What are signs of kidney problems
Chronic kidney failure: first signs & symptoms
At the beginning, chronic kidney weakness often only manifests itself through minor signs of illness or even runs completely symptom-free. Often the kidney problems are overlaid by the symptoms of the underlying disease, e.g. B. by the symptoms of diabetes or vasculitis.
Early symptoms of kidney disease can include:
- Increased excretion of slightly colored, pale urine
- High blood pressure
- Water retention (edema) in the legs, around the eyes or all over the body
- Red urine
A gradual progression with little or no discomfort is characteristic of chronic kidney weakness. High blood pressure of over 140/90 mmHg occurring for the first time or an increasingly difficult to control high blood pressure can be an early sign of the disease.
Many patients often form pale, poorly concentrated urine and store water in the skin and subcutaneous tissue (edema). Foamy urine when urinating can be an indication of proteins in the urine. A healthy kidney excretes a maximum of 200 milligrams of protein per day, of which a maximum of 30 milligrams of the blood protein albumin. At higher values one speaks of a microalbuminuria, from 300 milligrams of albumin per day of proteinuria. Some patients also excrete blood in their urine. If this happens in larger quantities, the urine is colored red (macrohematuria). Usually, however, there is only so little blood in the urine that it is invisible to the naked eye and can only be recognized by test strips (microhematuria).
As the loss of function progresses, the kidneys can no longer perform their tasks. This leads to disturbances of the water balance, the acid-base and electrolyte balance as well as other organ systems. The body is also more prone to infection. As the kidneys no longer produce sufficient amounts of the blood-forming hormone erythropoietin (EPO), the number of red blood cells decreases. Such anemia (anemia) leads to tiredness, weakness, difficulty concentrating and decreased exercise capacity.
A noticeable paleness of the skin is another possible clinical indication. In addition, patients often suffer from nausea, vomiting, or diarrhea shortly before starting dialysis. Other symptoms can include memory problems, itching and burning in the legs, and muscle and bone pain.
In the advanced stage of chronic kidney weakness, almost all organ systems are damaged by the kidneys' lack of detoxification function (uremic syndrome). Pathological changes can be found in the cardiovascular system, the blood-forming system, the gastrointestinal tract, the peripheral and central nervous system, the skin, the endocrine system and the bones.
Typical symptoms of end-stage kidney weakness (terminal kidney failure) are:
- High blood pressure that can no longer be adjusted
- Decrease in the amount of urine
- Water retention (edema)
- shortness of breath
- Nausea, vomiting, loss of appetite
- Irregular heartbeat
- Drowsiness, drowsiness
- Convulsions, coma
With the help of the so-called glomerular filtration rate (GFR), chronic kidney weakness is divided into five stages. The GFR is a laboratory value that is 90-130 milliliters per minute in normally functioning kidneys. This means that a healthy kidney cleans at least 90 milliliters of blood from freely filterable substances per minute and excretes them in the urine.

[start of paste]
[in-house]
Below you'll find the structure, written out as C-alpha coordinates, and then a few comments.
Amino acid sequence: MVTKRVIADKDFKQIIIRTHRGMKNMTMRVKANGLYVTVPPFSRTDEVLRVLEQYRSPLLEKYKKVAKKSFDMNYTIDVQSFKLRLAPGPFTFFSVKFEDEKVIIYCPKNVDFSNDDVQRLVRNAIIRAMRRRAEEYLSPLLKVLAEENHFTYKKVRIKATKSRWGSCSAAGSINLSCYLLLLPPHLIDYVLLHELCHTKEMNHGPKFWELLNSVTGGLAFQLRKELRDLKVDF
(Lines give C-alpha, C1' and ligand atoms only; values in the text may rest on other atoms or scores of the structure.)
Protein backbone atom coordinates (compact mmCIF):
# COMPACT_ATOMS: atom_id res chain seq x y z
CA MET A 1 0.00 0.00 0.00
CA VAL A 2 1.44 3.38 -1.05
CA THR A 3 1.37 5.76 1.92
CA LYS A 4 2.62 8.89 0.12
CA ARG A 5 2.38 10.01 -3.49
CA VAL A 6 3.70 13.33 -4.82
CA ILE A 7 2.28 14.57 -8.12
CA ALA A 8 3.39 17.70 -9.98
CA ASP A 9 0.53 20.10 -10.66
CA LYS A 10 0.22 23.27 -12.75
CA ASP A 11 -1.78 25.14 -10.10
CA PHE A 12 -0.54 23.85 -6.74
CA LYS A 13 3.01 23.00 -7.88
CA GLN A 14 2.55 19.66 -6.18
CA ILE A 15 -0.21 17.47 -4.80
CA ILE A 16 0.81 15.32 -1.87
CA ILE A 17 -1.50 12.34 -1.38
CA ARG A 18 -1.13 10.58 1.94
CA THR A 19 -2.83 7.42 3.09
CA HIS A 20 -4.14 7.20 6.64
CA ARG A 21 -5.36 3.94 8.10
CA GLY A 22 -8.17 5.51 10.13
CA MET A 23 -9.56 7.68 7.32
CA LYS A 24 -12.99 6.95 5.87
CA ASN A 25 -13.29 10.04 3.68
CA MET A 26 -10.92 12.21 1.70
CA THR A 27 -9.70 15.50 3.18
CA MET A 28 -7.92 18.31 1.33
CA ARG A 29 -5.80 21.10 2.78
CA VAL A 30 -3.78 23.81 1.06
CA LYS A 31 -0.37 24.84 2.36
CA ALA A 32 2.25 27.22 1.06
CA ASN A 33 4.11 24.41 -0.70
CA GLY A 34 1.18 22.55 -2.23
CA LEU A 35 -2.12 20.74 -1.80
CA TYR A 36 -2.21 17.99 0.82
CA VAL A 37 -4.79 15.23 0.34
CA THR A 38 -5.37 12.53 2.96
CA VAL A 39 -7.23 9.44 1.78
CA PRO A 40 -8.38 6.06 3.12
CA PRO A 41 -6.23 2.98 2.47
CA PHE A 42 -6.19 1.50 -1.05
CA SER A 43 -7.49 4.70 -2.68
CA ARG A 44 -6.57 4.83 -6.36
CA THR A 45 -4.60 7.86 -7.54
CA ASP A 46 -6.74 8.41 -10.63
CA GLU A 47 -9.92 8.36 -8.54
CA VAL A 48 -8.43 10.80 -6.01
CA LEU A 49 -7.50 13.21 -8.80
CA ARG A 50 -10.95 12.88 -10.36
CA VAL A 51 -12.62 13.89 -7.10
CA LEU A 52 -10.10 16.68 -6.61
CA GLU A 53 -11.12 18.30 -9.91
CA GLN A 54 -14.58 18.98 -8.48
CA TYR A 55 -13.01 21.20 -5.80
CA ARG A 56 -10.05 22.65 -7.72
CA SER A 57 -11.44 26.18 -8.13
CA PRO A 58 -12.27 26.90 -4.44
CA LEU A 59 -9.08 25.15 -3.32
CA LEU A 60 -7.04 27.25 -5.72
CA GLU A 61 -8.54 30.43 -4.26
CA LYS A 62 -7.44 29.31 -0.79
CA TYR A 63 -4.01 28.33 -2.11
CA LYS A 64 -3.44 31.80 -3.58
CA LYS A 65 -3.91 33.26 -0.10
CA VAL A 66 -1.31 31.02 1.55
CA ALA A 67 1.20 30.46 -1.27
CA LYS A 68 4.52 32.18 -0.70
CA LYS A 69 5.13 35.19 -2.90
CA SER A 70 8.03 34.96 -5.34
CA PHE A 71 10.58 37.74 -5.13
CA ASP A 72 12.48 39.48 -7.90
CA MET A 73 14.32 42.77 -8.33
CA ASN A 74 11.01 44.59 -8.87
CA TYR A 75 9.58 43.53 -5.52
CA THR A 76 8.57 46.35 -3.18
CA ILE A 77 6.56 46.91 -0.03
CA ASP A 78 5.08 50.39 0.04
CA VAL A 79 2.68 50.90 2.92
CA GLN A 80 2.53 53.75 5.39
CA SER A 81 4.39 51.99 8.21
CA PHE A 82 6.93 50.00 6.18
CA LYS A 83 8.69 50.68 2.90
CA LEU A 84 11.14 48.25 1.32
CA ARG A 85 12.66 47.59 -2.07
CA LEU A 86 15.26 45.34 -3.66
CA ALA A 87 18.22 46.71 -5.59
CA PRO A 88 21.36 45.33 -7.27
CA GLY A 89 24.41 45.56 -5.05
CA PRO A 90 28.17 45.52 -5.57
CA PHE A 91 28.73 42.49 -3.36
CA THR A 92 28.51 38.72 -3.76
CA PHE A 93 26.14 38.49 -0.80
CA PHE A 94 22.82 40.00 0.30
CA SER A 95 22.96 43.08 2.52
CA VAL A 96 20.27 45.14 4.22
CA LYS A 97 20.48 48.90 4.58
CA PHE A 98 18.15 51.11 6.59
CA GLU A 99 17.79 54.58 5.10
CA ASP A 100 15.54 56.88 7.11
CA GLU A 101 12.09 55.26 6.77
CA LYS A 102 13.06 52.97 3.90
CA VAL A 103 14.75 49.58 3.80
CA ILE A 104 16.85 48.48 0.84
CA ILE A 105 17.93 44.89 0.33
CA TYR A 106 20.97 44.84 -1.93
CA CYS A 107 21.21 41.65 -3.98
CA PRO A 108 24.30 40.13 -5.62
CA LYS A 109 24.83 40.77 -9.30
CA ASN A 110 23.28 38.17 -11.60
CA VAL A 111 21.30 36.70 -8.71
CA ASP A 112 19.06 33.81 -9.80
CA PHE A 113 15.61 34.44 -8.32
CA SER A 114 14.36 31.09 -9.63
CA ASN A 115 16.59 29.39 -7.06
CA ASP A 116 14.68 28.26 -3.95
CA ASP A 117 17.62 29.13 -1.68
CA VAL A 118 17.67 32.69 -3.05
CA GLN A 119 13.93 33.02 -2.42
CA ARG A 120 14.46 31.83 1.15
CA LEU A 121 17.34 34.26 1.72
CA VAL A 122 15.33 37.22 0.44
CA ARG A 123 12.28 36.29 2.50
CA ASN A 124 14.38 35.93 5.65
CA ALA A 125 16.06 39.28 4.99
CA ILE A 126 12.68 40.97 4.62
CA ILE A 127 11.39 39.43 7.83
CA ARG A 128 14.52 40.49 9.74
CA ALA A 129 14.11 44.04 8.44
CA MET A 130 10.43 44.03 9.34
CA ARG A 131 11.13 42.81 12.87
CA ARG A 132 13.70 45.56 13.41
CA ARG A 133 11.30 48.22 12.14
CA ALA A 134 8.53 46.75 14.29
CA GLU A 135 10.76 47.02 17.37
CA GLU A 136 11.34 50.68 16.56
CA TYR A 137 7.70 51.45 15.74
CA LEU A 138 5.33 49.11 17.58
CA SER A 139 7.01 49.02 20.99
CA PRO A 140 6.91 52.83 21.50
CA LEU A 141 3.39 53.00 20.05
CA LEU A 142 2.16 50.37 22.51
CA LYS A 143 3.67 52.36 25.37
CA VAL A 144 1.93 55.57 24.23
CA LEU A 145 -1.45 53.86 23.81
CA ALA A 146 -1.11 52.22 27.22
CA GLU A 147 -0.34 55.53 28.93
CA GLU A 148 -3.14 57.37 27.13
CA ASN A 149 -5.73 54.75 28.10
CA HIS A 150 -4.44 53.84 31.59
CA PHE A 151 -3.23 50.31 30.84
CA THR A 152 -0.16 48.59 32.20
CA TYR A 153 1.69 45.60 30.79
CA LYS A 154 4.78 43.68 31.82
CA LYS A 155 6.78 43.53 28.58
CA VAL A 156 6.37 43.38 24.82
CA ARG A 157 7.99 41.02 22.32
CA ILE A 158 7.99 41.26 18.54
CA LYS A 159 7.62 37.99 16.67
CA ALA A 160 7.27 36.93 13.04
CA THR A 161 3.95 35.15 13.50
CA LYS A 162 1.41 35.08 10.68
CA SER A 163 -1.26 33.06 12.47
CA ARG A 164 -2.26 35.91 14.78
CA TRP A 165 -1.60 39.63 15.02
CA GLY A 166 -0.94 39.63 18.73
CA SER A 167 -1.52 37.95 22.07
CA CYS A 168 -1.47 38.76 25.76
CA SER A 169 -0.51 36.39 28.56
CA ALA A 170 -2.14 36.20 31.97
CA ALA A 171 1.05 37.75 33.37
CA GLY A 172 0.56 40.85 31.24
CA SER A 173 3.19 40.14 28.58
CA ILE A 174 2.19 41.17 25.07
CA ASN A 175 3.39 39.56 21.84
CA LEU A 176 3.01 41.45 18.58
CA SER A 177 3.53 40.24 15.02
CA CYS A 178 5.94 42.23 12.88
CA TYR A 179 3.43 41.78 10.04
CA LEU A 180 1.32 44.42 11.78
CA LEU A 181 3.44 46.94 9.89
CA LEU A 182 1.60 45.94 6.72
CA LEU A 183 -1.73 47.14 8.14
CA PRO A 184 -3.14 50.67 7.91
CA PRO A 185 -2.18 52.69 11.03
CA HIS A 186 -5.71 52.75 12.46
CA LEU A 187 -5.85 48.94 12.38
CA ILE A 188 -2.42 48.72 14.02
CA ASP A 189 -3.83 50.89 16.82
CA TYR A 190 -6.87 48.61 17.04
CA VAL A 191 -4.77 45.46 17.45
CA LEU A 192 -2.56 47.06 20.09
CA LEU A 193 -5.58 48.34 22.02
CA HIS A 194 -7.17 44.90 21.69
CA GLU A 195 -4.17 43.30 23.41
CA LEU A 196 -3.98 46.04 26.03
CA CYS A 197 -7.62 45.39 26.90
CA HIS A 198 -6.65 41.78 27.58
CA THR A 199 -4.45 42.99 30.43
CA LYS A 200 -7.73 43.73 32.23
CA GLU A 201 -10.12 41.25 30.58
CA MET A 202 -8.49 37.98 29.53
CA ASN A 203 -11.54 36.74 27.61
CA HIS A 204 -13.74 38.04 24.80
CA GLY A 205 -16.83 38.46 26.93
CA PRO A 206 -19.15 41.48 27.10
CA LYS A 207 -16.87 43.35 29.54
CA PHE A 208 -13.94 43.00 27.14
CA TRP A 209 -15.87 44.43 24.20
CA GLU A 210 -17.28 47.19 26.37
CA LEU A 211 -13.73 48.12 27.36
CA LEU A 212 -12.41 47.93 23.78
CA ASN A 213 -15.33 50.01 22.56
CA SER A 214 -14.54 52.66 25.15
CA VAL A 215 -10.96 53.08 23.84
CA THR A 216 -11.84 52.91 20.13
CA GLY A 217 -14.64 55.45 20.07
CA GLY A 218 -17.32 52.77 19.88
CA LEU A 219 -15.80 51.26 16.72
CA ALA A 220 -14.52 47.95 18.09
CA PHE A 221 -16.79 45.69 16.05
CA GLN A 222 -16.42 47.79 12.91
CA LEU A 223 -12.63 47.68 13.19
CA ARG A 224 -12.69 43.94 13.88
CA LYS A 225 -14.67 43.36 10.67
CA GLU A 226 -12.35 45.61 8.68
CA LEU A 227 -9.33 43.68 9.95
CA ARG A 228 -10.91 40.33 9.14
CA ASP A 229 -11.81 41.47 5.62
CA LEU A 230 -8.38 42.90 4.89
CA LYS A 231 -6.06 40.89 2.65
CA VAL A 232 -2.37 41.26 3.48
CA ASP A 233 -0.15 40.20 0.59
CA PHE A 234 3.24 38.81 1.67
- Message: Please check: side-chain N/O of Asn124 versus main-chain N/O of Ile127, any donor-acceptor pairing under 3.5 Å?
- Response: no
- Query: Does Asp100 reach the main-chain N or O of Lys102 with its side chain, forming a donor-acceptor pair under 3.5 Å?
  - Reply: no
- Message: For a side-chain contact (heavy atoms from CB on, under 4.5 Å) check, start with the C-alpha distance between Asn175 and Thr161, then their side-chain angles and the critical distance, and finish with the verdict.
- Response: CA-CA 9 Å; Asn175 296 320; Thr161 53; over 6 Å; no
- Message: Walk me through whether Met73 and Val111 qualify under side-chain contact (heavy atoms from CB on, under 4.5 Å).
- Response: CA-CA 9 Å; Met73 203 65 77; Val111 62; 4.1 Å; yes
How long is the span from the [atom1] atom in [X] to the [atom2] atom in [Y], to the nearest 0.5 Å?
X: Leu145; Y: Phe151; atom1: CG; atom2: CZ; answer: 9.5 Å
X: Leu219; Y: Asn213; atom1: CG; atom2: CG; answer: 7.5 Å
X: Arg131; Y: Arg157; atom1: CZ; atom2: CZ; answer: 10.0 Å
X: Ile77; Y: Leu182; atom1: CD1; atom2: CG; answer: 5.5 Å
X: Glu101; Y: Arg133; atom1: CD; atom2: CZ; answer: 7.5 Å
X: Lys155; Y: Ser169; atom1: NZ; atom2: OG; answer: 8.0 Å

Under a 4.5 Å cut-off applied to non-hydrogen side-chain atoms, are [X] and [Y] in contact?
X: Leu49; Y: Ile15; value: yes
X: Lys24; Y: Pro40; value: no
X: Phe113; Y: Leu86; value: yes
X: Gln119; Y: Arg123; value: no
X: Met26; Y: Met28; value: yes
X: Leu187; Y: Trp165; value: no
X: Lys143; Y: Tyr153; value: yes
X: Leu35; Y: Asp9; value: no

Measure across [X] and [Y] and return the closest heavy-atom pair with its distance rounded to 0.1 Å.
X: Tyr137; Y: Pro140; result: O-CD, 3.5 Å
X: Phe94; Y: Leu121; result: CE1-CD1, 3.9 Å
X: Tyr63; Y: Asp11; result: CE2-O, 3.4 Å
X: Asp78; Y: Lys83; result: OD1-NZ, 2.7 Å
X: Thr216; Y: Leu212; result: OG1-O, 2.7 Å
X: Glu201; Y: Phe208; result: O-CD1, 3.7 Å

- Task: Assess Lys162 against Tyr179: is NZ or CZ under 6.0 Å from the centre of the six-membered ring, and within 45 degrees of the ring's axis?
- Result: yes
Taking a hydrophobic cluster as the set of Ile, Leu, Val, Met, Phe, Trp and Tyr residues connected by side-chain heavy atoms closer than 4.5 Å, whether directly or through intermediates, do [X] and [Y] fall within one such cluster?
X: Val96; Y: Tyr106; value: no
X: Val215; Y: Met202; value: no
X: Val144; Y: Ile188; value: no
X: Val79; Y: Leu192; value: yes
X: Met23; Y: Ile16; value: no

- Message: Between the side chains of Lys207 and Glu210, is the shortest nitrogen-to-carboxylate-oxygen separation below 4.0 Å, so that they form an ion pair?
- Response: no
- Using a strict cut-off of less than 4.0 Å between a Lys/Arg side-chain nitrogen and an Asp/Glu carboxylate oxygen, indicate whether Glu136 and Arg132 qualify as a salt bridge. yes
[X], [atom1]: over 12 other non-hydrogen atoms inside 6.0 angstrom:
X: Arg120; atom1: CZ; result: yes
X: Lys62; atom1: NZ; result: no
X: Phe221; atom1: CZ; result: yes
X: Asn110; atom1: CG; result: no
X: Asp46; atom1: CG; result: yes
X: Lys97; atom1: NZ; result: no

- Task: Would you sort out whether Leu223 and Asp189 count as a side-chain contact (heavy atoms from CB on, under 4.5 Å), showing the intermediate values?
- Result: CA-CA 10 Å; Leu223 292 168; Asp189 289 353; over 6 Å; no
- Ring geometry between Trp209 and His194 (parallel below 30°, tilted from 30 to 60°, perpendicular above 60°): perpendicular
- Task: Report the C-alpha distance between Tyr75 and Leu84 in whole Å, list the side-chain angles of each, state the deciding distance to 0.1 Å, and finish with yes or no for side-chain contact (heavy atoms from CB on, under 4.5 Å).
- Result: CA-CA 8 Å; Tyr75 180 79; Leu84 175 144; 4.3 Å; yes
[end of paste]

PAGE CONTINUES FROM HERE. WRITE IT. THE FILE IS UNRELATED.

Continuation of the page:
Stage I: GFR greater than 90 milliliters / minute
In this phase, patients often have no symptoms whatsoever. The blood values for creatinine are still normal, only the protein excretion in the urine may be increased or there are other indications, e.g. B. ultrasound, for kidney disease. If possible causes are recognized now, a worsening of the disease can very often be prevented.
Stage II: GFR between 60-89 milliliters / minute
Even at this stage, kidney weakness can often not be detected by blood tests. The kidneys seem to be still functioning well, but closer examination shows kidney disease, e.g. B. with measurement of urine protein or with ultrasound. In addition, more precise measurements, e.g. the creatinine clearance, can demonstrate the onset of kidney weakness.
Stage III: GFR between 30-59 milliliters / minute
The kidney damage has now progressed so far that increased creatinine and urea levels are also measured in the blood. Those affected suffer from high blood pressure, decreased performance and fatigue more quickly. In stage III, the risk of cardiovascular diseases also increases significantly. The symptoms allow different interpretations and do not necessarily indicate kidney weakness. Drugs that are normally excreted by the kidneys now have to be reduced in their dose so that they do not cause any side effects.
Stage IV: GFR between 15-29 milliliters / minute
At this stage, so many kidney cells are already defective that the inadequate excretion of toxins affects the entire organism. The symptoms therefore increase: loss of appetite, tiredness, vomiting, nausea, nerve pain, itching and bone pain. Because the body excretes less salts and water, edema also occurs.
Stage V: GFR below 15 milliliters / minute
If the kidney function is severely restricted or if the kidneys fail completely, one speaks of terminal kidney failure. At this stage, the blood must be regularly cleaned of toxins by blood washing (dialysis), otherwise the body will be poisoned. Despite regular blood washing, terminal kidney failure can still lead to a yellow discoloration of the skin and itchy skin. Both are due to the storage of substances in the skin that should actually be excreted in the urine.
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